Admissions Writing AdviceAdmissions, Writing, Advice
ServiceScape Incorporated
ServiceScape Incorporated
2003

Writing Effective Essays for Academic Admission

"In 500 words or less, where would you like to see yourself, professionally, five years from now?" the application asked.

I attacked the assignment with relish. Getting into this prestigious university's summer fellowship program was extremely important to me, and I wrote draft after draft, trying desperately to give the admissions committee exactly what it was looking for in this all-important essay. Finally, I sat down and took a good, long, critical look at each and every attempt, throwing my hands up in relative anguish. Oh, they all sounded perfectly acceptable. Some even sounded relatively eloquent. But, to me, not a one sounded…right.

I began to wonder just what it was that the admissions committee was actually looking for in this essay, and I began to worry that maybe I really wasn't summer fellow material. But then, one of the high school seniors on my debate team happened to glance over my shoulder as he reached for a book I'd told him he could borrow. "Is that your application essay?" he asked. "Can I read it?"

What could I lose?

"Hey," he challenged, narrowing his left eye. "How about just practicing what you preach?"

Suddenly, it was clear. I had not trusted the advice that I had been giving to high school and college students for nearly twenty years. I had written an essay that could have been written by any one of a hundred other perfectly qualified applicants. I had tried to play it "safe" and write something "professional" and "intellectual" instead of really taking on the challenge of examining myself to determine just what it was that I wanted out of that academic experience. As a result, none of my attempts to engage in professionally "correct" writing had resulted in anything that provided a reader with a picture of me.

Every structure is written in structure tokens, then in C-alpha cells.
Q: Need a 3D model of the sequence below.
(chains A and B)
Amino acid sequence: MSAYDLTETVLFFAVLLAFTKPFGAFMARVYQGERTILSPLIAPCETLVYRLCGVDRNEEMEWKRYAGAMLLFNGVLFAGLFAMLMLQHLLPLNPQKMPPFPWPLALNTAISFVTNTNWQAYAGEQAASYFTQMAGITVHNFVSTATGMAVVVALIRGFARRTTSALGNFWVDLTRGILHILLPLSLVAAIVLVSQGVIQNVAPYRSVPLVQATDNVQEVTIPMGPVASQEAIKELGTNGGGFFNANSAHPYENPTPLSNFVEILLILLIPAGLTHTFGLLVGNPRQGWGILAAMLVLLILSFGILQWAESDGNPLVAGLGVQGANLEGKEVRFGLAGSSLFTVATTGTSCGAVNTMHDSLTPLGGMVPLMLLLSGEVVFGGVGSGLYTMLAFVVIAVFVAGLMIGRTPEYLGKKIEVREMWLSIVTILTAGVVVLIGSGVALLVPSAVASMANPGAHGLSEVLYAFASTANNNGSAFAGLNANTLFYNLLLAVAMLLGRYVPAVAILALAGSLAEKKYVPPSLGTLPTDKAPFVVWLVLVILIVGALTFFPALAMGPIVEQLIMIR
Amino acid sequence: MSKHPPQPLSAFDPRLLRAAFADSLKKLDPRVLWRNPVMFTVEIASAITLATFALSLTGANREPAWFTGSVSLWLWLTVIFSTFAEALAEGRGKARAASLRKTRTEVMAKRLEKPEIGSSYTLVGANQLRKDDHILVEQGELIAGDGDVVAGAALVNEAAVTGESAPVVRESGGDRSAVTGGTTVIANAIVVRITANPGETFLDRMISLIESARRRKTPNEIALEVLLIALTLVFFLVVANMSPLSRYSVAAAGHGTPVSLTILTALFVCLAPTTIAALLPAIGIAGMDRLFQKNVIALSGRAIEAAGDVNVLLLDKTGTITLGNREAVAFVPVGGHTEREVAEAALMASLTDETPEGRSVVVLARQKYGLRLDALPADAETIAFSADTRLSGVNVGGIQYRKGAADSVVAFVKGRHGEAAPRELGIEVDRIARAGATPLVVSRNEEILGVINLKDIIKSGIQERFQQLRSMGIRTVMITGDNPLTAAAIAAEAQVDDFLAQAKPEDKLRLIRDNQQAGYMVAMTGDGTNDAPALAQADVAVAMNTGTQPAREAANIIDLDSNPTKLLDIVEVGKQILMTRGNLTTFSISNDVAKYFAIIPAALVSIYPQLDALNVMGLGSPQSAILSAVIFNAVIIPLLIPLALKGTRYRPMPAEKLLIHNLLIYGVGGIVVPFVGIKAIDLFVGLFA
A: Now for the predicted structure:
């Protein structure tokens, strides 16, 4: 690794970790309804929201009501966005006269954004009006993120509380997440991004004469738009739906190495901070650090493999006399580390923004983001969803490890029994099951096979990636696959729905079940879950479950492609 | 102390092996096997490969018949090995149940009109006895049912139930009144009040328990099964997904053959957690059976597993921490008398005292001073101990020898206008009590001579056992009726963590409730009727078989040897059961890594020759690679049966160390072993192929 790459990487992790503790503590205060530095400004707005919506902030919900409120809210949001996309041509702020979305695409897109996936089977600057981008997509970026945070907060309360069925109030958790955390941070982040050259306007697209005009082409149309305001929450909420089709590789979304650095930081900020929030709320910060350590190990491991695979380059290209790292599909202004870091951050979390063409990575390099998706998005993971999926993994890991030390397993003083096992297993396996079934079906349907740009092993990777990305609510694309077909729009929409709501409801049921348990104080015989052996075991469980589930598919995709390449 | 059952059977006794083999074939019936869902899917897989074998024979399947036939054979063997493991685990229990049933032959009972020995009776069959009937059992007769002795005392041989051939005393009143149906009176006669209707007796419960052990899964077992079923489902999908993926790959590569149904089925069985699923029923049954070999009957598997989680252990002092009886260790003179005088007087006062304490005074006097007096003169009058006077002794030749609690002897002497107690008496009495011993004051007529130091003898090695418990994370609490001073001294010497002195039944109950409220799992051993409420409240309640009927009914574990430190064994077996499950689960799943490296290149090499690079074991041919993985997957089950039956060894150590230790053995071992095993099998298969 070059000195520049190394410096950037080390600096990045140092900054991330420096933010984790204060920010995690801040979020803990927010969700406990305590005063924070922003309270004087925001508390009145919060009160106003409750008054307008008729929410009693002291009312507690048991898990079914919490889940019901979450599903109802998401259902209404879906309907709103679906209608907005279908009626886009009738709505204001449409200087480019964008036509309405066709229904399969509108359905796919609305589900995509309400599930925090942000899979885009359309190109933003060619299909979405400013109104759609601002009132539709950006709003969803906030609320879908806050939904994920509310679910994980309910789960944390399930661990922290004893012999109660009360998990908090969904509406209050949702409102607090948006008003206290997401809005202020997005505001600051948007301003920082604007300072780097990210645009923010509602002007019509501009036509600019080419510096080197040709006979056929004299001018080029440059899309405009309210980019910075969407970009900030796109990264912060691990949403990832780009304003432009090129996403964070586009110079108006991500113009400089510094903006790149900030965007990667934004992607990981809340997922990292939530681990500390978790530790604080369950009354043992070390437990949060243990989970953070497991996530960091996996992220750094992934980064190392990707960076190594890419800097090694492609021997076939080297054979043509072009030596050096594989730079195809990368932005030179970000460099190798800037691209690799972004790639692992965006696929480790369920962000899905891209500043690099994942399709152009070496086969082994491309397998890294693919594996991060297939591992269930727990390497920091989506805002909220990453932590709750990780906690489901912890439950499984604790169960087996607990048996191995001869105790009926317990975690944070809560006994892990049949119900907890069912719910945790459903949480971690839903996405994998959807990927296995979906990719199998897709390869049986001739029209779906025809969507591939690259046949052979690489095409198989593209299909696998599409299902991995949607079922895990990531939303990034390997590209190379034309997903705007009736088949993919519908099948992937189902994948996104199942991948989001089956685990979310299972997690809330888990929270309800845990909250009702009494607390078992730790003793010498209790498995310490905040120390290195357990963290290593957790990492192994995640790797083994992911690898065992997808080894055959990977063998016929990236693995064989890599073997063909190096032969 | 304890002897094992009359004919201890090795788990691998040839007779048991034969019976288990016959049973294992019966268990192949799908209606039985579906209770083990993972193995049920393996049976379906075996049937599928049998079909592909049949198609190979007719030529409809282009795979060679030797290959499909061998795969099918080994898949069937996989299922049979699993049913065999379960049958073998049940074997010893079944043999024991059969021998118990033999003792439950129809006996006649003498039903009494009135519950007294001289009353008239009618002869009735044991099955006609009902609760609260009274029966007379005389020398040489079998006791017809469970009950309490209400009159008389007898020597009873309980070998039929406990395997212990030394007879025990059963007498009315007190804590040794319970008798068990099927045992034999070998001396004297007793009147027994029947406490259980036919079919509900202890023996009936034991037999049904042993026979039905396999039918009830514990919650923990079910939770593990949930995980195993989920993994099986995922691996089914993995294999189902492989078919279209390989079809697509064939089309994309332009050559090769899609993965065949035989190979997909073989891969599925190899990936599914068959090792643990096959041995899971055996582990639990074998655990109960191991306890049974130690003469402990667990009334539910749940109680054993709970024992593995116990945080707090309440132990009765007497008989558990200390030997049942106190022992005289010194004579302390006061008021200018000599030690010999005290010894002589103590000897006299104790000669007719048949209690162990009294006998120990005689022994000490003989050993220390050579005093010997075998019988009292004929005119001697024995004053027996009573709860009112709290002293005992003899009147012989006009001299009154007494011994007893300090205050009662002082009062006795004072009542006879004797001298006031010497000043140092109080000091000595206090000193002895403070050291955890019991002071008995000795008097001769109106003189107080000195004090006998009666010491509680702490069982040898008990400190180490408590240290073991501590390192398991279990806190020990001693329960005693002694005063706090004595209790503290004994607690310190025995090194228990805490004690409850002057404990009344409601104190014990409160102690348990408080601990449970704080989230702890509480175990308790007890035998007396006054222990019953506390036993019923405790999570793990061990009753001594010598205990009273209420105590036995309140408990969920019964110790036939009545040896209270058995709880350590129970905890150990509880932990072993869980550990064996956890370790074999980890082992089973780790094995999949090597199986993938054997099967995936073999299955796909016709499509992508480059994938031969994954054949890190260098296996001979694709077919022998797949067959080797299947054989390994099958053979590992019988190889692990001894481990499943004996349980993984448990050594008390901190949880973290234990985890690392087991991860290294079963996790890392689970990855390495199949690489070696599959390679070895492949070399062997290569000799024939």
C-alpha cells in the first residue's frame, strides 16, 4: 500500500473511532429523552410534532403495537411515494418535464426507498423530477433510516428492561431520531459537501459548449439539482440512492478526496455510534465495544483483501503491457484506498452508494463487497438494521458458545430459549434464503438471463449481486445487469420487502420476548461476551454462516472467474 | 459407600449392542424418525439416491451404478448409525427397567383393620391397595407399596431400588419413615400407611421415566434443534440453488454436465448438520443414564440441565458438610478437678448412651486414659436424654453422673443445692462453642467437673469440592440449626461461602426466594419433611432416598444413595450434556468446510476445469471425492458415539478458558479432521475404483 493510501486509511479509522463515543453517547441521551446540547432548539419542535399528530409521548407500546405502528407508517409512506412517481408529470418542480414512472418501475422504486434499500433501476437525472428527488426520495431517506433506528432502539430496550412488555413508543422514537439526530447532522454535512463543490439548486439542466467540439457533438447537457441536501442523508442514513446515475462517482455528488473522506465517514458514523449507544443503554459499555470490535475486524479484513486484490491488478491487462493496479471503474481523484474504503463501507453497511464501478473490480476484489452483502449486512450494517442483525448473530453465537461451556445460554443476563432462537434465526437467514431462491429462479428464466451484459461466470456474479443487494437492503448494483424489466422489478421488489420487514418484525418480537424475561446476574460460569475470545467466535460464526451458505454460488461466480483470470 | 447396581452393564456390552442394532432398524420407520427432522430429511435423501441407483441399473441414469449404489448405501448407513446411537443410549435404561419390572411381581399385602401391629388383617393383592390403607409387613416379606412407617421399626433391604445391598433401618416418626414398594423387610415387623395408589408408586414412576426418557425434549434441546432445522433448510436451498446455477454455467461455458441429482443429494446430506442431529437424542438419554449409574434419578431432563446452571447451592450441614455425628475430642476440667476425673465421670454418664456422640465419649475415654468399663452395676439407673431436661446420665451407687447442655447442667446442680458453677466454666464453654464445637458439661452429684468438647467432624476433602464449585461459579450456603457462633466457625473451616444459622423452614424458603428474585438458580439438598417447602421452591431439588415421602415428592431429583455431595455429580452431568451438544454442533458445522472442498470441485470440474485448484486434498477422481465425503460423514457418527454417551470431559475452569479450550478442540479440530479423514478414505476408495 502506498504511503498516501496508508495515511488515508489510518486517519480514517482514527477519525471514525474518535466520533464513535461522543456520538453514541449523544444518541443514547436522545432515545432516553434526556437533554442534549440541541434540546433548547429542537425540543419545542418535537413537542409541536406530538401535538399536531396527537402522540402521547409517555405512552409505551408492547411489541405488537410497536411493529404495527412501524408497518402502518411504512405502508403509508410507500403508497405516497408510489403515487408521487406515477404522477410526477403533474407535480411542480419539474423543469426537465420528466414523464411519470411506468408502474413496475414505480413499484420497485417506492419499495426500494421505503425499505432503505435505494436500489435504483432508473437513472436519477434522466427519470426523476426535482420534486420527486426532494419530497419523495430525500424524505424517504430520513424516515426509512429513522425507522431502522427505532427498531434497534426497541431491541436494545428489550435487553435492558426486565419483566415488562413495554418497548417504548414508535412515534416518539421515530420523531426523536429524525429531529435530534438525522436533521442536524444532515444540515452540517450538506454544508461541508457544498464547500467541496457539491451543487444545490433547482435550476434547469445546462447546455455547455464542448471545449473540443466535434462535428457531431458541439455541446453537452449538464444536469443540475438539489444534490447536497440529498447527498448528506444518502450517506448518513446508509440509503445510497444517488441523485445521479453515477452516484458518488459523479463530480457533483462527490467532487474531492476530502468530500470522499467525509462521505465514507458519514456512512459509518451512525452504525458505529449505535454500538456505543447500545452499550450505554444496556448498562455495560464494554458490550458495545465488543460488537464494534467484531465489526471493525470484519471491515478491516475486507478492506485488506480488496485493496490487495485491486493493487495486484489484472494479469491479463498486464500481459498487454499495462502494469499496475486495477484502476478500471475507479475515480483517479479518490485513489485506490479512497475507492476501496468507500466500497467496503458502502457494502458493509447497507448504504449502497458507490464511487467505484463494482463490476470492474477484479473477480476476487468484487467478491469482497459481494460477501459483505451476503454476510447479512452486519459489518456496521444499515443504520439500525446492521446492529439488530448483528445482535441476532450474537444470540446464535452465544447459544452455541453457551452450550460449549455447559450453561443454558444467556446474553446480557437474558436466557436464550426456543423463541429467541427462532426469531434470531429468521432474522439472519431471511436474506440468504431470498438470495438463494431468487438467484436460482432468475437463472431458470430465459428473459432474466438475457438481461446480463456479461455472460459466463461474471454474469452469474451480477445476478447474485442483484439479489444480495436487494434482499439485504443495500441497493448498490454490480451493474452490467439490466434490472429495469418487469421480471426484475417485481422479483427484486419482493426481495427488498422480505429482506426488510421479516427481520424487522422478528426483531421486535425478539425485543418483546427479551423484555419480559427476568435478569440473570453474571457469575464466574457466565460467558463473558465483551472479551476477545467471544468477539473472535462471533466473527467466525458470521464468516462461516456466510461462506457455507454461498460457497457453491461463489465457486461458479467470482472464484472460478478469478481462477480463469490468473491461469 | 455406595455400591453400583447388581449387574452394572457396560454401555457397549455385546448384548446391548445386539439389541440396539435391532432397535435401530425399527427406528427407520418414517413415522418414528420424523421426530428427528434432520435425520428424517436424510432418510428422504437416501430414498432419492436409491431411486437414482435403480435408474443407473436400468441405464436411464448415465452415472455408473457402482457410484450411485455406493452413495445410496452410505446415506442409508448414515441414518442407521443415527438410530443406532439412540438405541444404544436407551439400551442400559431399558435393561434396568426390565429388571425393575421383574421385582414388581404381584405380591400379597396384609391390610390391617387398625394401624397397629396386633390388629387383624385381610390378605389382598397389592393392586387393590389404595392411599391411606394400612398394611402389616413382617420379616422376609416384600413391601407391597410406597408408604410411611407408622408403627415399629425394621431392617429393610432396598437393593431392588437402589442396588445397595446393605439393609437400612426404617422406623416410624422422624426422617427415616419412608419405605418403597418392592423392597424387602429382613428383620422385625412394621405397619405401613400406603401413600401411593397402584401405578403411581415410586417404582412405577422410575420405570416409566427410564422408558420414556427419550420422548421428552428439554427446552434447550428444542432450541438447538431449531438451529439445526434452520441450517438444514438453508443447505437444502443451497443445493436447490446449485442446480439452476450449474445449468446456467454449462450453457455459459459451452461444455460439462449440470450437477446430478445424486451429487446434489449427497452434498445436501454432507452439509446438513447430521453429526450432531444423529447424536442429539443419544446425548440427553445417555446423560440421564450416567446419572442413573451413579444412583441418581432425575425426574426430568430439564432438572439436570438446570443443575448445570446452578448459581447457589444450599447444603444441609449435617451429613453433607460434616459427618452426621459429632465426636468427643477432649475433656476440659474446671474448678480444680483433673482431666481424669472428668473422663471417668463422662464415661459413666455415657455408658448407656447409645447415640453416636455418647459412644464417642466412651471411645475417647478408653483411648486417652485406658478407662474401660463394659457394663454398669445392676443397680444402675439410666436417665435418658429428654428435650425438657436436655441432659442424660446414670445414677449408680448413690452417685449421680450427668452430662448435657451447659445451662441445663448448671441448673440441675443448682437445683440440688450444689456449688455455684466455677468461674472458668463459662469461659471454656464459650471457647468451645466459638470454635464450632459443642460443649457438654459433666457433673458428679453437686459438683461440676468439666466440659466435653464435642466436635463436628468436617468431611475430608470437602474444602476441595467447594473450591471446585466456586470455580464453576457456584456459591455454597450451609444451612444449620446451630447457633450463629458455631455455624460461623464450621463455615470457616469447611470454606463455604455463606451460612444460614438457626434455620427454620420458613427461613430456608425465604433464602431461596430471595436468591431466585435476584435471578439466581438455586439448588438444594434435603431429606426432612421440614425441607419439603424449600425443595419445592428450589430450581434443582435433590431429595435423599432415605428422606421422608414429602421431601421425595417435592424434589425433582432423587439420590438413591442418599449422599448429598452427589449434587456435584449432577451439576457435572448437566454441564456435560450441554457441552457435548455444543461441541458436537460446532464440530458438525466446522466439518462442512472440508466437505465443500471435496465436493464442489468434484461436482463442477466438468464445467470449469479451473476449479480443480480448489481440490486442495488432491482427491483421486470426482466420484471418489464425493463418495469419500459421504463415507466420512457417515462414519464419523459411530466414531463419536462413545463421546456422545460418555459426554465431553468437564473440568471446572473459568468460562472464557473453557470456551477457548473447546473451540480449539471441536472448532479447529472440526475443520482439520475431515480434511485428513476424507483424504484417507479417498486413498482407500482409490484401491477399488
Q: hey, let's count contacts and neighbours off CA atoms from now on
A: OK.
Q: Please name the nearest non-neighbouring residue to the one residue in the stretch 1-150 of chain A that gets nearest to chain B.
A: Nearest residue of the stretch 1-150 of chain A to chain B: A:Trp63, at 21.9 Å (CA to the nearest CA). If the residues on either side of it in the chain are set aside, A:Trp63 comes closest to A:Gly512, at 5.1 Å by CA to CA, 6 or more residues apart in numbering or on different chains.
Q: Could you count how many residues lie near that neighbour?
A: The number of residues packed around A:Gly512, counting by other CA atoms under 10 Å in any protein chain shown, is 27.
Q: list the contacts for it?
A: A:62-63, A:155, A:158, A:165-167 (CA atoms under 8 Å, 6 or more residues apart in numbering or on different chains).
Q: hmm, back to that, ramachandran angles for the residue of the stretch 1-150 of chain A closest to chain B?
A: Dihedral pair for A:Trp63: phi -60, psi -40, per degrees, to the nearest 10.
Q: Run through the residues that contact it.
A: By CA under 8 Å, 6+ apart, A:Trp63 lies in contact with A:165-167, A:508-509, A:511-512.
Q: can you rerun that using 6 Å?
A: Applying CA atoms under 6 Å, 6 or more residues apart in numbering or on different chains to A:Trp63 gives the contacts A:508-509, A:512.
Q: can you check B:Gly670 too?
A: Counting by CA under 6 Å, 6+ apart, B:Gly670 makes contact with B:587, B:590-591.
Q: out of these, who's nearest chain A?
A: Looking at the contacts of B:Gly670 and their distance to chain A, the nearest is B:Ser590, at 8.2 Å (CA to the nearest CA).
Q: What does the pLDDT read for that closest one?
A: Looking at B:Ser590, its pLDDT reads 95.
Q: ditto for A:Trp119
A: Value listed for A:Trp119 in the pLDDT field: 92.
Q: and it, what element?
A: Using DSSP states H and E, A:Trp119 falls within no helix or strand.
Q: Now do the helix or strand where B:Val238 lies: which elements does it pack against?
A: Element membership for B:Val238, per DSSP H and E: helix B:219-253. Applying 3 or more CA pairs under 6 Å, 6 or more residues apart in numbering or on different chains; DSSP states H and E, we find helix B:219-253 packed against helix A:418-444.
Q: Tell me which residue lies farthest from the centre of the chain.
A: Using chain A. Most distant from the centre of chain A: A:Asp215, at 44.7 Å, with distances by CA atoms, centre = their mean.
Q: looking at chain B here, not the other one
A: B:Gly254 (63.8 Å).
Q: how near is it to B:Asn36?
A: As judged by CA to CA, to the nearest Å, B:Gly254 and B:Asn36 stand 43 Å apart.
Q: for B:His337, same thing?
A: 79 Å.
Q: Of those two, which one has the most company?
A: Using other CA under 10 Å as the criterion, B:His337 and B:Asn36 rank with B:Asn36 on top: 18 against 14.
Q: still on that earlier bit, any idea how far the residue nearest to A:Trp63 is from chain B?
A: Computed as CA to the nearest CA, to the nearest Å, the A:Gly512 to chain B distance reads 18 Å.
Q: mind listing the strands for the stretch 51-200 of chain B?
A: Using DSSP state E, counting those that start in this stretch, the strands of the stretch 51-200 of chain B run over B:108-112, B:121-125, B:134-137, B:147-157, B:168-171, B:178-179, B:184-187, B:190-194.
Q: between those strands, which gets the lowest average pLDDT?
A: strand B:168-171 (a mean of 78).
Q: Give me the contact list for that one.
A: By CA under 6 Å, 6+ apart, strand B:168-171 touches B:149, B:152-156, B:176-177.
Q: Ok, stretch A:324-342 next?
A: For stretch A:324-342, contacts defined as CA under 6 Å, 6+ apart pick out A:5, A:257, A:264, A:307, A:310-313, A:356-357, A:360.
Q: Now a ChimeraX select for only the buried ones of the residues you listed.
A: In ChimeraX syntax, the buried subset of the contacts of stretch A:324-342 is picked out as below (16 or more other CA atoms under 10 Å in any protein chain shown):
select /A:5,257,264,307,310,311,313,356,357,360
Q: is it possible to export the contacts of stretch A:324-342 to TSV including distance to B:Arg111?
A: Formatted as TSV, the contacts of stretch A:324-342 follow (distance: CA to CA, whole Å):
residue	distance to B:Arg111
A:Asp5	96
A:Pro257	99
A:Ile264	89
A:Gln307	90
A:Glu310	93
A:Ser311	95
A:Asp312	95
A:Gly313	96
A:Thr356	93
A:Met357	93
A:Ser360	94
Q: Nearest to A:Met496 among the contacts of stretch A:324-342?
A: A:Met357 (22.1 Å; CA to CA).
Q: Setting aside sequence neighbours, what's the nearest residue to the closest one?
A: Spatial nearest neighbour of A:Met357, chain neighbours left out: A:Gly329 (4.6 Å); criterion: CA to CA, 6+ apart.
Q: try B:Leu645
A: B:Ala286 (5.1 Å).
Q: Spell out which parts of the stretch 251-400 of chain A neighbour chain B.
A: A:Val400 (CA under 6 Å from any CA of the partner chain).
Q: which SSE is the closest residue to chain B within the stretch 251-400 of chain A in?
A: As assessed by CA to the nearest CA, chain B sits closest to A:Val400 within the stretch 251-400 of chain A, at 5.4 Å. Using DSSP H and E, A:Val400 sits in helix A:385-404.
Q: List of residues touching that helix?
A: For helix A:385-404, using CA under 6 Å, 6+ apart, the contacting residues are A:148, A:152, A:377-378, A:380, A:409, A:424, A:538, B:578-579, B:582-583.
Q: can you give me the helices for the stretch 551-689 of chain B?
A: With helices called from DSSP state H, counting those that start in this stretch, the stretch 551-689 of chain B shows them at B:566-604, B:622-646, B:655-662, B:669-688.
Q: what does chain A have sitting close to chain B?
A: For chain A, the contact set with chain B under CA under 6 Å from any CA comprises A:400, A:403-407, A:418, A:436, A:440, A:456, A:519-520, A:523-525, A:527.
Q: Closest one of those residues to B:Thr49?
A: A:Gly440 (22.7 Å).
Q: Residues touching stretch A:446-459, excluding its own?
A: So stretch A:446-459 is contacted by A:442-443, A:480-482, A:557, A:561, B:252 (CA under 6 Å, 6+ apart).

A few days later, I gave that young man another draft to read, knowing full well that it was the one that would be included in my application packet, despite the fact that it consisted of 632 words on where I did not want to see myself, professionally, five years hence. Even though I knew I hadn't followed the instructions to the letter, I knew I had embodied their spirit. I wrote honestly about who I was at that point in my life, a tired and even somewhat frustrated teacher. I wrote simply and directly about what I really did want out of that summer program—a jumpstart. And I was accepted. The lesson? Ah, yes: "To thine ownself be true."

We've all been given similar advice about things like blind dates and interviews. "Be yourself," we've been told by everyone from Mom to Ann Landers to ex-General Motors CEO, Lee Iacocca. And that advice holds true when it comes to writing essays for admission to academic programs.

The sheer volume of material that admissions committee members must sift through on a daily basis today is staggering. When the bulk of what they are reading is carefully scripted to sound "correct," it becomes extremely difficult for committee members to distinguish one candidate from another as they attempt to narrow five thousand equally qualified applicants down to a pool of five hundred.

So, how can you make your essay stand out in that crowd of five thousand? Instead of trying to say something that you think committee members might want to hear, give them the information that they need in order to make clear choices. Most of the essay topics provided on applications these days ask writers to address, in one form or another, these two basic questions:

  1. "Who are you?"
  2. "Why is this the right program for you?"

So, tell them who you are. Tell them what you want out of your next academic experience. Tell them why. Be honest. Be direct. Give details, scenes, moments from your own experience. And most of all, be yourself.

Remember your Shakespeare: This above all, to thine ownself be true.

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